Intel wins second phase of contract to help Pentagon develop chips

(Reuters) – Intel Corp on Friday said that it has won a second-phase contract in a project aimed at helping the U.S. military make more advanced semiconductors within the United States.

Under the project, Intel will help the military develop prototypes of chips using its semiconductor packaging technology at factories in Arizona and Oregon. The packaging technology allows pieces of chips called “chiplets” from different providers to be combined into one package, helping cram more features into a smaller finished product while lowering its power consumption.

Intel declined to disclose a dollar figure for its portion of the contract, which is being overseen by the Naval Surface Warfare Center, Crane Division. Intel won part of the first phase of the contract in 2019.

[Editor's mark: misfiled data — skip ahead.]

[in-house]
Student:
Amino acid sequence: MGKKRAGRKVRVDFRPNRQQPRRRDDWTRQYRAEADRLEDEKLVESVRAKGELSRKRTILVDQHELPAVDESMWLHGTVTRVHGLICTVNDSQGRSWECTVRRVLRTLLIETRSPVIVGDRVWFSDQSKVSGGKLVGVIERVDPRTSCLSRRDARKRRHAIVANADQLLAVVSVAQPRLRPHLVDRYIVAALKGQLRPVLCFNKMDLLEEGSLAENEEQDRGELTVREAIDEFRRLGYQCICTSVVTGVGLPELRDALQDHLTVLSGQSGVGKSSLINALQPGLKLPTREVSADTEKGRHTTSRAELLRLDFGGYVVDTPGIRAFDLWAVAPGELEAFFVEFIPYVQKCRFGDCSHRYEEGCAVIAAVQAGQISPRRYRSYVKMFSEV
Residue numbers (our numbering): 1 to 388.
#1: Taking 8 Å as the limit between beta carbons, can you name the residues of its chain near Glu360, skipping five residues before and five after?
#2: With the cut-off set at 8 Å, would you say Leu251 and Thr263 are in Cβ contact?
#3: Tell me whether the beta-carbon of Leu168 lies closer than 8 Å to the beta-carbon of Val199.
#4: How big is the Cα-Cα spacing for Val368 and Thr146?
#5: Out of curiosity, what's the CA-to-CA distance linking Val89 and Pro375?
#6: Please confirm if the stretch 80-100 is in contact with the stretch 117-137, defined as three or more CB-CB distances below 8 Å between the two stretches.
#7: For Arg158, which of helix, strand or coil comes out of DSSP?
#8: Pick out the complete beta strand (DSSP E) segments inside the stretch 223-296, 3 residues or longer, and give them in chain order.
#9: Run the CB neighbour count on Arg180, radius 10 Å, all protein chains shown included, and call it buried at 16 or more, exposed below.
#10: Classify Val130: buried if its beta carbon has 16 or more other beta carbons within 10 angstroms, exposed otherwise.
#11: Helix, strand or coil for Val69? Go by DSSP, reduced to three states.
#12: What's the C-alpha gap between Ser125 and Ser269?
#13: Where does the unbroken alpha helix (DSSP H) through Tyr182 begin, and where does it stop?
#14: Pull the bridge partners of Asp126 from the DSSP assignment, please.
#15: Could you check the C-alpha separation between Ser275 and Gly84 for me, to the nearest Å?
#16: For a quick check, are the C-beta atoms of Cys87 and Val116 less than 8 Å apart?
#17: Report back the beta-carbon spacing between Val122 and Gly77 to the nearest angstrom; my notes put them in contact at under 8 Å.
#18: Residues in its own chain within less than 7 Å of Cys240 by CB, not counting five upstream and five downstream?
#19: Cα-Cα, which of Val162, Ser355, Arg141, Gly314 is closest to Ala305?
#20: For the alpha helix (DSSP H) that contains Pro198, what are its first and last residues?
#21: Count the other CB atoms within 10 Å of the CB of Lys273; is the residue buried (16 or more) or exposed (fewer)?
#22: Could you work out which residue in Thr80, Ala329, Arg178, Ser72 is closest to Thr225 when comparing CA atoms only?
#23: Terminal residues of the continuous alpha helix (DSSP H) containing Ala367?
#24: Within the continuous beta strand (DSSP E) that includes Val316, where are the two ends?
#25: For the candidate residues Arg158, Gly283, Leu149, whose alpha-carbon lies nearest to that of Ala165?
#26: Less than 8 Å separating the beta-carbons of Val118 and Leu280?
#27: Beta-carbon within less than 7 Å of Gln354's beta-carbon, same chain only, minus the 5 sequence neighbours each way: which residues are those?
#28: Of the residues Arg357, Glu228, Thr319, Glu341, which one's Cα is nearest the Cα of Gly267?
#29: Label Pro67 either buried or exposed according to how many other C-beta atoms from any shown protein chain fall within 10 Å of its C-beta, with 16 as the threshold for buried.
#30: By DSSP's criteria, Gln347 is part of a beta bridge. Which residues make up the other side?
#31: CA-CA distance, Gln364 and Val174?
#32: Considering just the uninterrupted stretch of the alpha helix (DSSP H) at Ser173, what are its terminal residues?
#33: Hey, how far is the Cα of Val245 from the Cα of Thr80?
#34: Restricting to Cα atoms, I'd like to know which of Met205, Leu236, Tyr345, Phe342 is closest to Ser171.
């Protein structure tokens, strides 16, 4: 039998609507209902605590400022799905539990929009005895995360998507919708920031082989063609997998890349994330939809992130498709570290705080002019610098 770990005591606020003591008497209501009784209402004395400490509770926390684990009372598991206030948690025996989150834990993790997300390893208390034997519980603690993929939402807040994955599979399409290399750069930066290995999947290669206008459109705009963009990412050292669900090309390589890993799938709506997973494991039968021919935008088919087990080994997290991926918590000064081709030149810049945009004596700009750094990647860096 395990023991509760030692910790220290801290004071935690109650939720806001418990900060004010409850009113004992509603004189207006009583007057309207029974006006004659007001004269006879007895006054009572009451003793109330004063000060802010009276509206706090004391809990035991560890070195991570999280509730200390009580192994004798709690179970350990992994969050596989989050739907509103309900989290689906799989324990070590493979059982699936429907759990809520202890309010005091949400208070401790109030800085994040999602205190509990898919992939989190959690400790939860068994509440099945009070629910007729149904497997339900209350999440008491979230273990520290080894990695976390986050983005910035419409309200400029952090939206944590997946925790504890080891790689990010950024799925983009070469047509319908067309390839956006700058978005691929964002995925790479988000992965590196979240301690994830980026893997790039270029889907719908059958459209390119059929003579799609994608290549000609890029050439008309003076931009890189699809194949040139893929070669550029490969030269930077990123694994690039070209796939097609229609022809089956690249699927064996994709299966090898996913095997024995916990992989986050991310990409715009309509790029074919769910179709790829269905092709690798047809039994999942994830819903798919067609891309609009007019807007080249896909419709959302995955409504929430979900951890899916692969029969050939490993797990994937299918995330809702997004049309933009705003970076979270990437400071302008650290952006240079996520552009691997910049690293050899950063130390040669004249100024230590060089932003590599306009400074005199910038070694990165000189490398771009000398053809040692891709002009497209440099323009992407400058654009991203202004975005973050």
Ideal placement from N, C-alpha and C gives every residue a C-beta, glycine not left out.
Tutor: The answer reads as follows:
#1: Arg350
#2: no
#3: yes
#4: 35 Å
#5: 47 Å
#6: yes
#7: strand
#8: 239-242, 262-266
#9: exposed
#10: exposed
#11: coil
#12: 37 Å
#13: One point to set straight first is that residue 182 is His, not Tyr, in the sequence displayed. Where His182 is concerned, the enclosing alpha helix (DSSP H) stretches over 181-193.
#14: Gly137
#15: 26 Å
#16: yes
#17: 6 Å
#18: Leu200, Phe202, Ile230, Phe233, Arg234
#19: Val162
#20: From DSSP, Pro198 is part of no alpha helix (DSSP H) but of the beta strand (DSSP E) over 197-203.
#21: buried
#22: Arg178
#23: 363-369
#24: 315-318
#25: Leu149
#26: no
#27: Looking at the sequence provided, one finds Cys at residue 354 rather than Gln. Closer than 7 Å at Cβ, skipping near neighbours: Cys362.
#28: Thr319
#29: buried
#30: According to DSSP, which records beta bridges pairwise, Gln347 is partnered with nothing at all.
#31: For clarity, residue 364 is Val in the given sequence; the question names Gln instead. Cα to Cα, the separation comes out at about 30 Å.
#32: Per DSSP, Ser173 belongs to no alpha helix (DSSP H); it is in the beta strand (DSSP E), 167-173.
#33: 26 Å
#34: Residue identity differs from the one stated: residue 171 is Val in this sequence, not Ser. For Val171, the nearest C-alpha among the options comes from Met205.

Intel’s work with the Defense Department comes as U.S. officials focus on boosting domestic semiconductor manufacturing in response to the rise of China as a strategic competitor. About 75% of the world’s chipmaking capacity is in Asia, with many of the most advanced plants in Taiwan and Korea, within the reach of the Chinese and North Korean militaries.

“I think one of the areas where we can have the most impact on China broadly is re-shoring microelectronics,” Ellen Lord, the Pentagon’s chief weapons buyer, told the U.S. Senate Armed Services Committee in a hearing on Thursday.

Intel is one of three companies in the world that can make highly advanced computer chips. The other two – Taiwan Semiconductor Manufacturing Co Ltd and Samsung Electronics Co Ltd – have packaging technology similar to Intel’s.

But Intel has been working on the technology longer and can perform the work in the United States, which the other two cannot, said Dan Hutcheson, chief executive officer of VLSI Research.

“There’s no one else with the mix of technology that they have in the United States,” he said. “Packaging is a big win for them.”

Reporting by Stephen Nellis in San Francisco and Mike Stone in Washington; Editing by Greg Mitchell and Lisa Shumaker

Share: